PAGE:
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Prevalence Of Helicobacter Pylori Infection In Primary Care: Sero-epidemiological Study

Objectives: To find the prevalence of Helicobacter pylori (HP) infection in primary care in our area and to study factors associated with this infection. Design Descriptive and prospective study. Setting Urban health district with 30 765 people registered. Participants 267 patients, selected by quota sampling from the census of age and sex groups, as a function of an alpha of 0.05, 0.06 accuracy, and expected prevalence of 50%. Main measurements HP infection was studied through validated IgG serology (ELISA Wampole®). The following were studied as associated factors: age, sex, education, profession, alcohol and tobacco consumption, and non-steroidal anti-inflammatory drugs taken. Results Mean age was 38.4, and 51.3% were women. Prevalence of HP infection was 52.4% (95% CI, 46.4–58.4). This proportion increased steadily with age, with a minimum of 11.5% in the 0–9 years-old range and a maximum of 87.5% in the 60–69 years-old group. There was more HP in men (56.9%) than in women (48.2%). In univariate analysis a linear tendency was found between HP infection and increased age (P<.0001) and the consumption of alcohol (P=.003), with no relationship to other variables studied. In the multivariate analysis, only age maintained statistical significance (P=.001). Conclusions In our area the prevalence of HP infection is similar to that in other studies: it increases steadily with age and shows en epidemiological pattern that is half-way between countries of high and low prevalence.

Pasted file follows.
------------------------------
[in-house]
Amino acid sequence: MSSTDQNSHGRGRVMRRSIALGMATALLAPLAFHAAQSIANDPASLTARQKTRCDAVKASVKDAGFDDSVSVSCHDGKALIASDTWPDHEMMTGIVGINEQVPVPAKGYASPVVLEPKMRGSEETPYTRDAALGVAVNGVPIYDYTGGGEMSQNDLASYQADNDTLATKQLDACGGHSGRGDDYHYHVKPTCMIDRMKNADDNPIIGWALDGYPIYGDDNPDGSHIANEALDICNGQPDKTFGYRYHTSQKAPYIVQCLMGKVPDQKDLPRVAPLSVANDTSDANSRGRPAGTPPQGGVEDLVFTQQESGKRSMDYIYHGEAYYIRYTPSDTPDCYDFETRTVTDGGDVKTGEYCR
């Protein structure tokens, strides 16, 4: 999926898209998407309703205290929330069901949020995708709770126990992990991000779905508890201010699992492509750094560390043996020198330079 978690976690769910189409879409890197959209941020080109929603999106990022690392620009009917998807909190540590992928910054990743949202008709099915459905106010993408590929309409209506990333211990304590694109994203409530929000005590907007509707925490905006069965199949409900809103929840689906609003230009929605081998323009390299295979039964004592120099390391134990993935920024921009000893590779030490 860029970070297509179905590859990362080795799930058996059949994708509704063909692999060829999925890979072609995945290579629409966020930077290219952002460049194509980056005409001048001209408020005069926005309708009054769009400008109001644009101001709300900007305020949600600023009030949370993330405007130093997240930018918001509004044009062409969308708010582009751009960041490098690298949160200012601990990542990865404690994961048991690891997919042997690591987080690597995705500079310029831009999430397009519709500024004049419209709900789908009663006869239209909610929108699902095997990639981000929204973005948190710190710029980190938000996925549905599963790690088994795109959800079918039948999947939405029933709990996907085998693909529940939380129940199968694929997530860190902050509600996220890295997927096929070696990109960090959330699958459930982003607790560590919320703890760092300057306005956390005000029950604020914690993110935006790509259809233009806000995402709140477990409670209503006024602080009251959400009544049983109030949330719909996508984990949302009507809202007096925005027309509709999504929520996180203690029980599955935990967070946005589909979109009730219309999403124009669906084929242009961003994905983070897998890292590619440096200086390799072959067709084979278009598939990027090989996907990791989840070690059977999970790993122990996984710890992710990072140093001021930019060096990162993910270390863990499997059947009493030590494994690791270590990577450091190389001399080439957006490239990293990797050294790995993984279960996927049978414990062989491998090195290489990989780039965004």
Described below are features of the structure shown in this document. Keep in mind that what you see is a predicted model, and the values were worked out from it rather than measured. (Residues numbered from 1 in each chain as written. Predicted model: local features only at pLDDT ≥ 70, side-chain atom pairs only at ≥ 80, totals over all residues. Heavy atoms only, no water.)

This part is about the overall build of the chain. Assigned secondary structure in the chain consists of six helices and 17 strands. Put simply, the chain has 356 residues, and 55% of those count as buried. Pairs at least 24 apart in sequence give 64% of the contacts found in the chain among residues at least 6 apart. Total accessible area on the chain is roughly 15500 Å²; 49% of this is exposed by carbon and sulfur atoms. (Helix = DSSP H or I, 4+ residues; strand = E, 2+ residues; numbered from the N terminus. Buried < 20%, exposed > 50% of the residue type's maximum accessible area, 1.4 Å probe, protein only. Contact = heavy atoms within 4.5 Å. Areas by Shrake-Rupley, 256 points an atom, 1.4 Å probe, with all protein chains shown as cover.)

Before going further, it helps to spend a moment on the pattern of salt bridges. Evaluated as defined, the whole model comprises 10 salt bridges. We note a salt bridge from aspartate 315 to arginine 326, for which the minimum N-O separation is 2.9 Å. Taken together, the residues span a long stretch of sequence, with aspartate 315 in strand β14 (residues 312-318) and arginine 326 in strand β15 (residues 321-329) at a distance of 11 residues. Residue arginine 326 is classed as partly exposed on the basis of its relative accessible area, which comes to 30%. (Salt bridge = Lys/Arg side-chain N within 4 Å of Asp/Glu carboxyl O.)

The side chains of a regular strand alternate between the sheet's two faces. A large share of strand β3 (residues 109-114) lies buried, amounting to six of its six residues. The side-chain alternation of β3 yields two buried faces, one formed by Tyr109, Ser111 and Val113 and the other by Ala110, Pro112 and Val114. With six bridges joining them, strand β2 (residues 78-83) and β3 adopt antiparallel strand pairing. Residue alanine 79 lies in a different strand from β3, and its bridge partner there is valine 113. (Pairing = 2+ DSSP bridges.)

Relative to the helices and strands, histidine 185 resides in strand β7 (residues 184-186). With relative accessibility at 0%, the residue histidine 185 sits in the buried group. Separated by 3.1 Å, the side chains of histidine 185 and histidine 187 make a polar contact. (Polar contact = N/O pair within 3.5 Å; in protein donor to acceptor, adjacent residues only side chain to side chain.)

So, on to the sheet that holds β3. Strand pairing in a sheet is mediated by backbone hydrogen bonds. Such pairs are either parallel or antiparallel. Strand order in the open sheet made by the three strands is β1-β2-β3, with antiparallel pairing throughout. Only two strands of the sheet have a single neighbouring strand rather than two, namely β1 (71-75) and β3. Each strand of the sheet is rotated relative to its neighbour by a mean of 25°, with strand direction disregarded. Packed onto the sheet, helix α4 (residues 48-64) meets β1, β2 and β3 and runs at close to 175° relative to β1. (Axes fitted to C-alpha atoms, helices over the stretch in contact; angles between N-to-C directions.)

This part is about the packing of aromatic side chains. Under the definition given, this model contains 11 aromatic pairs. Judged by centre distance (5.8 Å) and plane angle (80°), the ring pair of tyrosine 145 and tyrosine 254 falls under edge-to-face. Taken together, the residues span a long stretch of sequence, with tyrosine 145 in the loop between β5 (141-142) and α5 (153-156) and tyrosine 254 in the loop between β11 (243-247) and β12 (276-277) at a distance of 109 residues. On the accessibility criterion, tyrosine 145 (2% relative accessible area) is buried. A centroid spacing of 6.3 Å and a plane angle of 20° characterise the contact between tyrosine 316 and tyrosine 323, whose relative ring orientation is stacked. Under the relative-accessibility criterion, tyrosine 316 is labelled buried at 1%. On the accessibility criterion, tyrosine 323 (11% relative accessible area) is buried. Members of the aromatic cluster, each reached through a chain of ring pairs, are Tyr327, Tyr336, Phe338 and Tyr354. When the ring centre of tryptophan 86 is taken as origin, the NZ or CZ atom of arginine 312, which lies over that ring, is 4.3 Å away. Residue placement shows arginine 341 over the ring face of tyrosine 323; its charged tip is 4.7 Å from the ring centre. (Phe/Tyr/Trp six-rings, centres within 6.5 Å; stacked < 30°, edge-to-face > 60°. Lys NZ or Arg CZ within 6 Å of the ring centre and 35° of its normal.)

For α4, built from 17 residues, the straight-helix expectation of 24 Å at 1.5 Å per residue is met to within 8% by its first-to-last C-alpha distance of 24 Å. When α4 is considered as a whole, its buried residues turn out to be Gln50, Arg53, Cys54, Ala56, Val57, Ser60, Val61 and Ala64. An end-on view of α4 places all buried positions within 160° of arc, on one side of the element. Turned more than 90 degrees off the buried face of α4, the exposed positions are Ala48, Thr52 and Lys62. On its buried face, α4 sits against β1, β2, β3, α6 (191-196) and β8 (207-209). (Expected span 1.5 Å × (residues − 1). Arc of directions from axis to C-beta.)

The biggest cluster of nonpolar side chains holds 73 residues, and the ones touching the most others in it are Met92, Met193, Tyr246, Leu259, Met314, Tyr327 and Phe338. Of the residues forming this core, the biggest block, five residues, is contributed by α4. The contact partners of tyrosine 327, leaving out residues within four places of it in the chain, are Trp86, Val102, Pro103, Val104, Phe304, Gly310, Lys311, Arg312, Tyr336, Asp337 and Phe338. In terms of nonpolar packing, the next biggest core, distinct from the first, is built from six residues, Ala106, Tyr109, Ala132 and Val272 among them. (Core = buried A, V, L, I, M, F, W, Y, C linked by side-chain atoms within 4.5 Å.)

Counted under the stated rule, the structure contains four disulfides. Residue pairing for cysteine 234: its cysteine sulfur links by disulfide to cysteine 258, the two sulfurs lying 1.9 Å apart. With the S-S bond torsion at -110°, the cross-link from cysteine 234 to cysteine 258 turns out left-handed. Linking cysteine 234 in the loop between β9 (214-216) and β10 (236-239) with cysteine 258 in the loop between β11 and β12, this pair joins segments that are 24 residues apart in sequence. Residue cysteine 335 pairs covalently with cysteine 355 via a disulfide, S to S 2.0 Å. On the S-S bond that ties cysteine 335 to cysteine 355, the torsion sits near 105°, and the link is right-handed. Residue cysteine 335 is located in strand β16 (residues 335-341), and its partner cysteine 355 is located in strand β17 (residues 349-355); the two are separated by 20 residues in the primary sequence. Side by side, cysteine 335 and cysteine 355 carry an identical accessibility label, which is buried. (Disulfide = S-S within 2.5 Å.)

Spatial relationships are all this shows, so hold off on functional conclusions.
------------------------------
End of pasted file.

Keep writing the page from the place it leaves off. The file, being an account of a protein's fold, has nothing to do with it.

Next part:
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Alvin Wang